US manufacturing is today in a critical period. As a consequence of new global competitors, changes in technologies, and significant shifts in national priorities, our manufacturing base has shrunk alarmingly and thousands of manufacturing jobs have been lost. To address this problem, a unique team was formed called the Manufacturing Vision Group, which included members from five major companies (Chaparral Steel, DEC, Ford Motor Company, Hewlett-Packard, and EastmanKodak) and four major universities (Harvard, MIT, Purdue, and Stanford). In The Perpetual Enterprise Machine, this group argues that the manufacturer that can initiate successful projects-leading to new products and processes-will be the one that prospers in the years ahead. They reveal how tolaunch a successful project and how projects can be mechanisms for growth and learning for the firm. The Perpetual Enterprise Machine outlines seven critical elements that outstanding development projects have in common, principles that can be powerful engines of success for the manufacturer facing the challenges of today's fiercely competitive environment. Successful firms are able to use their Core Capabilities across functions, to bring together disciplines and personnel crucial to the success of the program. They have a Guiding Vision, shared by all members ofthe project team, that helps coordinate the actions of workers with different skills and priorities. They Push the Performance Envelope, striving to make the improvements needed to cope with a rapidly changing competitive environment. They have Leadership, someone who can navigate uncertain terrain, who sees the project'sessential elements and how they fit together. They instill the team with a sense of Ownership and Commitment, linking their personal success, status, and esteem to accomplishing project goals. They use Prototyping to learn rapidly and reduce mistakes. And they Integrate within Projects, approaching individual tasks in terms of a system-wide solution. Throughout the book, the authors illustrate these seven principles with real life case histories. We see the storybehind Kodak's development of the FunSaver camera (done on a unique CAD/CAM system that greatly helped integration and shortened the lead time from design to production); Ford's 1991 Crown Victoria, the first project launched under their Concept-to-Customer system; Chaparral Steel's development of the world's first horizontalsteel caster; and Hewlett-Packard's wildly successful DeskJet printer. The Perpetual Enterprise Machine delivers the insights of some of the top minds from industry and academia on one of the primary concerns of American business-how to revitalize our manufacturing industries. Visionary-yet engaging and immediately accessible-it gives managers the opportunity to profit from the trials and triumphs of five major corporations, and helps them shape the kinds of projects that will thrive and prosper in the years ahead.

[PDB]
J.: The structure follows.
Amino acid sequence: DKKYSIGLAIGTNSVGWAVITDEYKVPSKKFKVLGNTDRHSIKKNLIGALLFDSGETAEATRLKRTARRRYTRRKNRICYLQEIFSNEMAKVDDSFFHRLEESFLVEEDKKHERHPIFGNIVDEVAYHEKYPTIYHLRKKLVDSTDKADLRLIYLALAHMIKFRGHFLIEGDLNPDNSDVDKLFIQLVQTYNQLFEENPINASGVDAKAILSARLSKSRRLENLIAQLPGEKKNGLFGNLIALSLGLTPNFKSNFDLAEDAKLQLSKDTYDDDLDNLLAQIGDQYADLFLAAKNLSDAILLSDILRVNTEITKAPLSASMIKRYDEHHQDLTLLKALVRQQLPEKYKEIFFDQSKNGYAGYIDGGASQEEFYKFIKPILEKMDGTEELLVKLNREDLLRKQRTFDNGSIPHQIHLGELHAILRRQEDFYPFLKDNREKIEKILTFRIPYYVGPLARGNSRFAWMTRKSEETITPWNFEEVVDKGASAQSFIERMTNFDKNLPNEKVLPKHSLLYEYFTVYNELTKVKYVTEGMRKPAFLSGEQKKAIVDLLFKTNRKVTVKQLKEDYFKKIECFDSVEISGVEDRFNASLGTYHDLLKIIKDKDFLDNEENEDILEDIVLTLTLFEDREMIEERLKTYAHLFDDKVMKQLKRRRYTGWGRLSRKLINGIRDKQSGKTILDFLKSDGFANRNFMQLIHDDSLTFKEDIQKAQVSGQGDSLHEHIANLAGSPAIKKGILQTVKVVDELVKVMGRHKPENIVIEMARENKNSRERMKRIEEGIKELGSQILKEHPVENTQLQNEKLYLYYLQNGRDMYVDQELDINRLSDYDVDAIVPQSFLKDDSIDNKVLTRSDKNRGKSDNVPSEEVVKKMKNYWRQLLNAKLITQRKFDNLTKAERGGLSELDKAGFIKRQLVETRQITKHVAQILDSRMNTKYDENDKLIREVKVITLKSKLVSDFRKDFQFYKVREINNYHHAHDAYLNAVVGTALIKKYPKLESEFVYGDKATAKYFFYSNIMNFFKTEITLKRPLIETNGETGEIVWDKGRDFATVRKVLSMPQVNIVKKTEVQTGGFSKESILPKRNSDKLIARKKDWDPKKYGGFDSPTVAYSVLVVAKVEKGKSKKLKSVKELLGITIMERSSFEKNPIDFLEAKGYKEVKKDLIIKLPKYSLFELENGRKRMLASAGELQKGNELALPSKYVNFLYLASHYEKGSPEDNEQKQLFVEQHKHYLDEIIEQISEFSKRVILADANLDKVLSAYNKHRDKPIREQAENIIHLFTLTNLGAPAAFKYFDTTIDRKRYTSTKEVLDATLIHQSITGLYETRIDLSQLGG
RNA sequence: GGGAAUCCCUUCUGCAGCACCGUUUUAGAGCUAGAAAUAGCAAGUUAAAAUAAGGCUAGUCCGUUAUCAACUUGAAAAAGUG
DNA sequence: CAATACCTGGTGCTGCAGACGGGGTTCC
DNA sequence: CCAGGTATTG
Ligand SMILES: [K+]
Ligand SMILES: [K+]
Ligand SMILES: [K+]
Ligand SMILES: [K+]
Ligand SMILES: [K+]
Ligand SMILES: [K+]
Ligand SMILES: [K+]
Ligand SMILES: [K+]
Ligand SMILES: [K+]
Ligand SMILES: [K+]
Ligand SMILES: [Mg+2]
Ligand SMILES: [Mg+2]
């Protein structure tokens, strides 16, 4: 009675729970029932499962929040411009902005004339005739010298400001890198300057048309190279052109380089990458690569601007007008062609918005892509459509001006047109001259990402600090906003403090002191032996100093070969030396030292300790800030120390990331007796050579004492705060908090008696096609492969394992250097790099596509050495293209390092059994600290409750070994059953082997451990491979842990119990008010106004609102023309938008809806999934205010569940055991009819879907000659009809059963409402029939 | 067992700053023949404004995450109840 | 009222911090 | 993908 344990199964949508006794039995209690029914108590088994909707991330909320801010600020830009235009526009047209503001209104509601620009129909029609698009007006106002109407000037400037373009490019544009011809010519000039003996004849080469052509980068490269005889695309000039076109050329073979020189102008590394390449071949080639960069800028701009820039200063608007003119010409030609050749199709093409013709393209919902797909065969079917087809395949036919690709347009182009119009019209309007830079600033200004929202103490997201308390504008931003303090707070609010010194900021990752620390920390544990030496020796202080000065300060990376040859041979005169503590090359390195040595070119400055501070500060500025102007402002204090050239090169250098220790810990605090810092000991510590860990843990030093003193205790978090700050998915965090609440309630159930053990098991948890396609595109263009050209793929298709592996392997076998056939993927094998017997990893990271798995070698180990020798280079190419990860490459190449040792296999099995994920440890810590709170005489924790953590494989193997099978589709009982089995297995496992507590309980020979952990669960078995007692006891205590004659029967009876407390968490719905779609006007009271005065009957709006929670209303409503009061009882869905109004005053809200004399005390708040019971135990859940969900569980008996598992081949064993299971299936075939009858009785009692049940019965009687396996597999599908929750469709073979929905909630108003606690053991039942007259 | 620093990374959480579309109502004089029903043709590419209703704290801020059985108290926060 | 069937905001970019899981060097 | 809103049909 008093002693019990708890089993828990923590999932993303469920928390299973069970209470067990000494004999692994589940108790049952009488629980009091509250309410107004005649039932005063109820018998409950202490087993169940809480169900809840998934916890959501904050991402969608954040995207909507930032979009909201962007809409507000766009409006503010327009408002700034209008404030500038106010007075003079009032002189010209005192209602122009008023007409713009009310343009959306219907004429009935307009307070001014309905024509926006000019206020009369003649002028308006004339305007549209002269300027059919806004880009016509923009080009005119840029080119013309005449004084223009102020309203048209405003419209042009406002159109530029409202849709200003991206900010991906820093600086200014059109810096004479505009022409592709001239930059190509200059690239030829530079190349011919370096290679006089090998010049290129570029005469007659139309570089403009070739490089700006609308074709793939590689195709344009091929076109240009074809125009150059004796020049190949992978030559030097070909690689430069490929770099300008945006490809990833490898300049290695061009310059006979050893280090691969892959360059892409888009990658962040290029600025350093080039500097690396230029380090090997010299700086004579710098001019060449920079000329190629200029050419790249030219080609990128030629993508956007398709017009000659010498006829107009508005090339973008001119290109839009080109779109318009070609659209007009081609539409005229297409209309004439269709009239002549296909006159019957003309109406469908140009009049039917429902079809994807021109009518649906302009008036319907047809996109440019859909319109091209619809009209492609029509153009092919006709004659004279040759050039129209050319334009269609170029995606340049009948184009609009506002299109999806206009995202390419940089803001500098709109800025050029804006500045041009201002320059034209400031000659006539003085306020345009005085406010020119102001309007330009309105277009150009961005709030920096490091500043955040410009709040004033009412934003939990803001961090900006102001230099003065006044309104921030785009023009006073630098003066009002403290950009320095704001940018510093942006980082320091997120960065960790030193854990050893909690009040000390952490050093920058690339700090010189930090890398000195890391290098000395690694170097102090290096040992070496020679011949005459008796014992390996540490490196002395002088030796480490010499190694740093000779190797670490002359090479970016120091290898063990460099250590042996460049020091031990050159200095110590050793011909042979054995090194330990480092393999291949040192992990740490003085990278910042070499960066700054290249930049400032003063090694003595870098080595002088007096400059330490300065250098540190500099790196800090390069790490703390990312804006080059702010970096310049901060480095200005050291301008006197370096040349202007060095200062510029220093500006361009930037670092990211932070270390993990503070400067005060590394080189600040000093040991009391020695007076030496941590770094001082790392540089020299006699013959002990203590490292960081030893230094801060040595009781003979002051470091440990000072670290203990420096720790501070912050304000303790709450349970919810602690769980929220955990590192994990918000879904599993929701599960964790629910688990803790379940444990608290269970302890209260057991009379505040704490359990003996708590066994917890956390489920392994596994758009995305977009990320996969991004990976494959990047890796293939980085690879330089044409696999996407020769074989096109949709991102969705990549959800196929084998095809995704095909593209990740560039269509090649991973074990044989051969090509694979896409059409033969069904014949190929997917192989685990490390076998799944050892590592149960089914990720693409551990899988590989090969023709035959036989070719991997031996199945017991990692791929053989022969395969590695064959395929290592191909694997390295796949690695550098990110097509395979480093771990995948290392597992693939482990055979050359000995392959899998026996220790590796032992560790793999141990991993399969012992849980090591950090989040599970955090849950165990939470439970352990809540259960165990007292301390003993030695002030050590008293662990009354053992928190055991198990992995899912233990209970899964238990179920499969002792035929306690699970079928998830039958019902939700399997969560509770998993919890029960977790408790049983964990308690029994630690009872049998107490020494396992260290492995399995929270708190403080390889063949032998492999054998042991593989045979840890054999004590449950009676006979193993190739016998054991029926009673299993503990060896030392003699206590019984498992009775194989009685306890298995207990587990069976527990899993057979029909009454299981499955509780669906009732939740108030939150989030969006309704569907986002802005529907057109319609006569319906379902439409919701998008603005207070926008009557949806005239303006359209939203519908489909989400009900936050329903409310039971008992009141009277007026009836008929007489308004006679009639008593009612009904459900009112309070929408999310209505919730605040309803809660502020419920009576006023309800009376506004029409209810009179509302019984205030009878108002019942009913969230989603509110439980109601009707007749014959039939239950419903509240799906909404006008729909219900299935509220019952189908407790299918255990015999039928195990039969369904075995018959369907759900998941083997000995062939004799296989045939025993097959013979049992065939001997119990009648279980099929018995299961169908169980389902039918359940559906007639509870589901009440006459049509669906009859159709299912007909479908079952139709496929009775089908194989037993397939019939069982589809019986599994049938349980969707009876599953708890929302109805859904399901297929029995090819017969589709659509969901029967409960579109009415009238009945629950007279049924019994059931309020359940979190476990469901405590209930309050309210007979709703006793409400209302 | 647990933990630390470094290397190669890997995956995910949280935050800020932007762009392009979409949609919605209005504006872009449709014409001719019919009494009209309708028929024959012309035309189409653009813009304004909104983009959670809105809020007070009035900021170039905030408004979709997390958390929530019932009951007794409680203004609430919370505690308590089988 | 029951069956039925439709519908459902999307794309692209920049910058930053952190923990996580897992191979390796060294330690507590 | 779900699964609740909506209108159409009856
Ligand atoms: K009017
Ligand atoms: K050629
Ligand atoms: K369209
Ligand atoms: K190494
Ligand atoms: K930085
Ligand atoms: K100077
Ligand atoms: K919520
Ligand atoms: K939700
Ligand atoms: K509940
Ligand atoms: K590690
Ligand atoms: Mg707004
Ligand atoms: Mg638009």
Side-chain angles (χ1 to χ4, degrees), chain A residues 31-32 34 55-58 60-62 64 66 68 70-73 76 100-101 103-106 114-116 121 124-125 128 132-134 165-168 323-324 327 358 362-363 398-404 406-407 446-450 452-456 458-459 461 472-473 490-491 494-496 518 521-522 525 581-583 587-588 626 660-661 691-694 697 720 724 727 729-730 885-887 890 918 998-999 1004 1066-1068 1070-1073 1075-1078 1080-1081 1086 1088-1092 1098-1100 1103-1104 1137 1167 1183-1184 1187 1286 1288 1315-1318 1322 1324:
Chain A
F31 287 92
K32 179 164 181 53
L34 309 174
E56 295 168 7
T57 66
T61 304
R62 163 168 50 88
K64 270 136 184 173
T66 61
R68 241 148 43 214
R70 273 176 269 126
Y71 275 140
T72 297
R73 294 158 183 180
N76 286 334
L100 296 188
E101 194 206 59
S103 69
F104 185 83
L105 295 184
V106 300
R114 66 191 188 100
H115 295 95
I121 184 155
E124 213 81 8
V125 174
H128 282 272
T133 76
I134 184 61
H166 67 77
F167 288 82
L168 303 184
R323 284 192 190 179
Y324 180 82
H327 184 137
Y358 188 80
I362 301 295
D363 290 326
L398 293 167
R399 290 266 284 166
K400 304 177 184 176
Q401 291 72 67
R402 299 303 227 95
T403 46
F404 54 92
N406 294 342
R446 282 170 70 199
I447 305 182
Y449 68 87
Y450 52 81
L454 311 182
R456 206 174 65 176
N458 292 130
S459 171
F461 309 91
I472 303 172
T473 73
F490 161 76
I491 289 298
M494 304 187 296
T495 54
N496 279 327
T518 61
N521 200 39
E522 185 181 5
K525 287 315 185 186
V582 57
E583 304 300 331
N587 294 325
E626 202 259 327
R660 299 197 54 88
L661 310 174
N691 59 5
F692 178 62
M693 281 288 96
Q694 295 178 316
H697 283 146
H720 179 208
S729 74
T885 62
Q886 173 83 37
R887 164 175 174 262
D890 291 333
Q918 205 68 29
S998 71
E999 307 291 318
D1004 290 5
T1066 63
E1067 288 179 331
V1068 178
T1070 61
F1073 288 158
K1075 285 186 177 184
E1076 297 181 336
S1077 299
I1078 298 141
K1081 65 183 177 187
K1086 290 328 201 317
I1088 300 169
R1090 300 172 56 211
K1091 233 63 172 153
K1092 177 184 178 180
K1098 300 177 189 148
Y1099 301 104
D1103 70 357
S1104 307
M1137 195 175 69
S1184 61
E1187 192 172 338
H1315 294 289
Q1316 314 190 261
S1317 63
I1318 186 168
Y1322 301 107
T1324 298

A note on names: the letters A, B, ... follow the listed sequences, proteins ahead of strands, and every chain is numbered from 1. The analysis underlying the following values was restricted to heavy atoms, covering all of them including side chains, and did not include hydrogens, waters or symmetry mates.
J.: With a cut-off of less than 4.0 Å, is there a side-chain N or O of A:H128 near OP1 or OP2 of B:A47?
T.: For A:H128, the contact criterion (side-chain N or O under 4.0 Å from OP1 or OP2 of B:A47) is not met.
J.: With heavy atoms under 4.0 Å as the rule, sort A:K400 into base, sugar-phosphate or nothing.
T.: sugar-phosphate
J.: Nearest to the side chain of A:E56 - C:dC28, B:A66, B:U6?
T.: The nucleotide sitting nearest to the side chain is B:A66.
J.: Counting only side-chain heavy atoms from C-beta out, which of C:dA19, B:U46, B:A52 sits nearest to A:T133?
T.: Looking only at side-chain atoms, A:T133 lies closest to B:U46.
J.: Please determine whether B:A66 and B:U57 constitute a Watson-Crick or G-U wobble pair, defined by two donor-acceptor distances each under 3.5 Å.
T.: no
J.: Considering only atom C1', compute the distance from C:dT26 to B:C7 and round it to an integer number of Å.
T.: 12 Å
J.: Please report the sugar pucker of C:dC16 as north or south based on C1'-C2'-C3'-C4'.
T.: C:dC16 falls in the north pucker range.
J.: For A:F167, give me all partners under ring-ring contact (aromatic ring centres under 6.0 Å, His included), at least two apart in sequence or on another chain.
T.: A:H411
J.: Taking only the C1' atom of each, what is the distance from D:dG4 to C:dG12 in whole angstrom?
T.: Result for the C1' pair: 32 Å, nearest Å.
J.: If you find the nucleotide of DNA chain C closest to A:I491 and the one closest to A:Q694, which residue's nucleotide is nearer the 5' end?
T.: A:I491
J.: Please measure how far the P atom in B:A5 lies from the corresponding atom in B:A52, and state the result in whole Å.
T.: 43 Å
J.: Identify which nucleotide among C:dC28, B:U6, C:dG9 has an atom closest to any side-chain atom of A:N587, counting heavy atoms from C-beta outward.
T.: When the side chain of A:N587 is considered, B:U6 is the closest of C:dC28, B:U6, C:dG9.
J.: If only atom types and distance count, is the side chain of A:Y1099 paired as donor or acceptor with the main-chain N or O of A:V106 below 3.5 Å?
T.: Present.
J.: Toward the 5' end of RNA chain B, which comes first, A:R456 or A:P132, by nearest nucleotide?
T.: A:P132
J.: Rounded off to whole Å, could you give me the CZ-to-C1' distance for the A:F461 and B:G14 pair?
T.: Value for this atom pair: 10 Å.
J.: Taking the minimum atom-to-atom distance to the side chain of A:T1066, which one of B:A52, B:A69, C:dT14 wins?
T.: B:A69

The Perpetual Enterprise Machine
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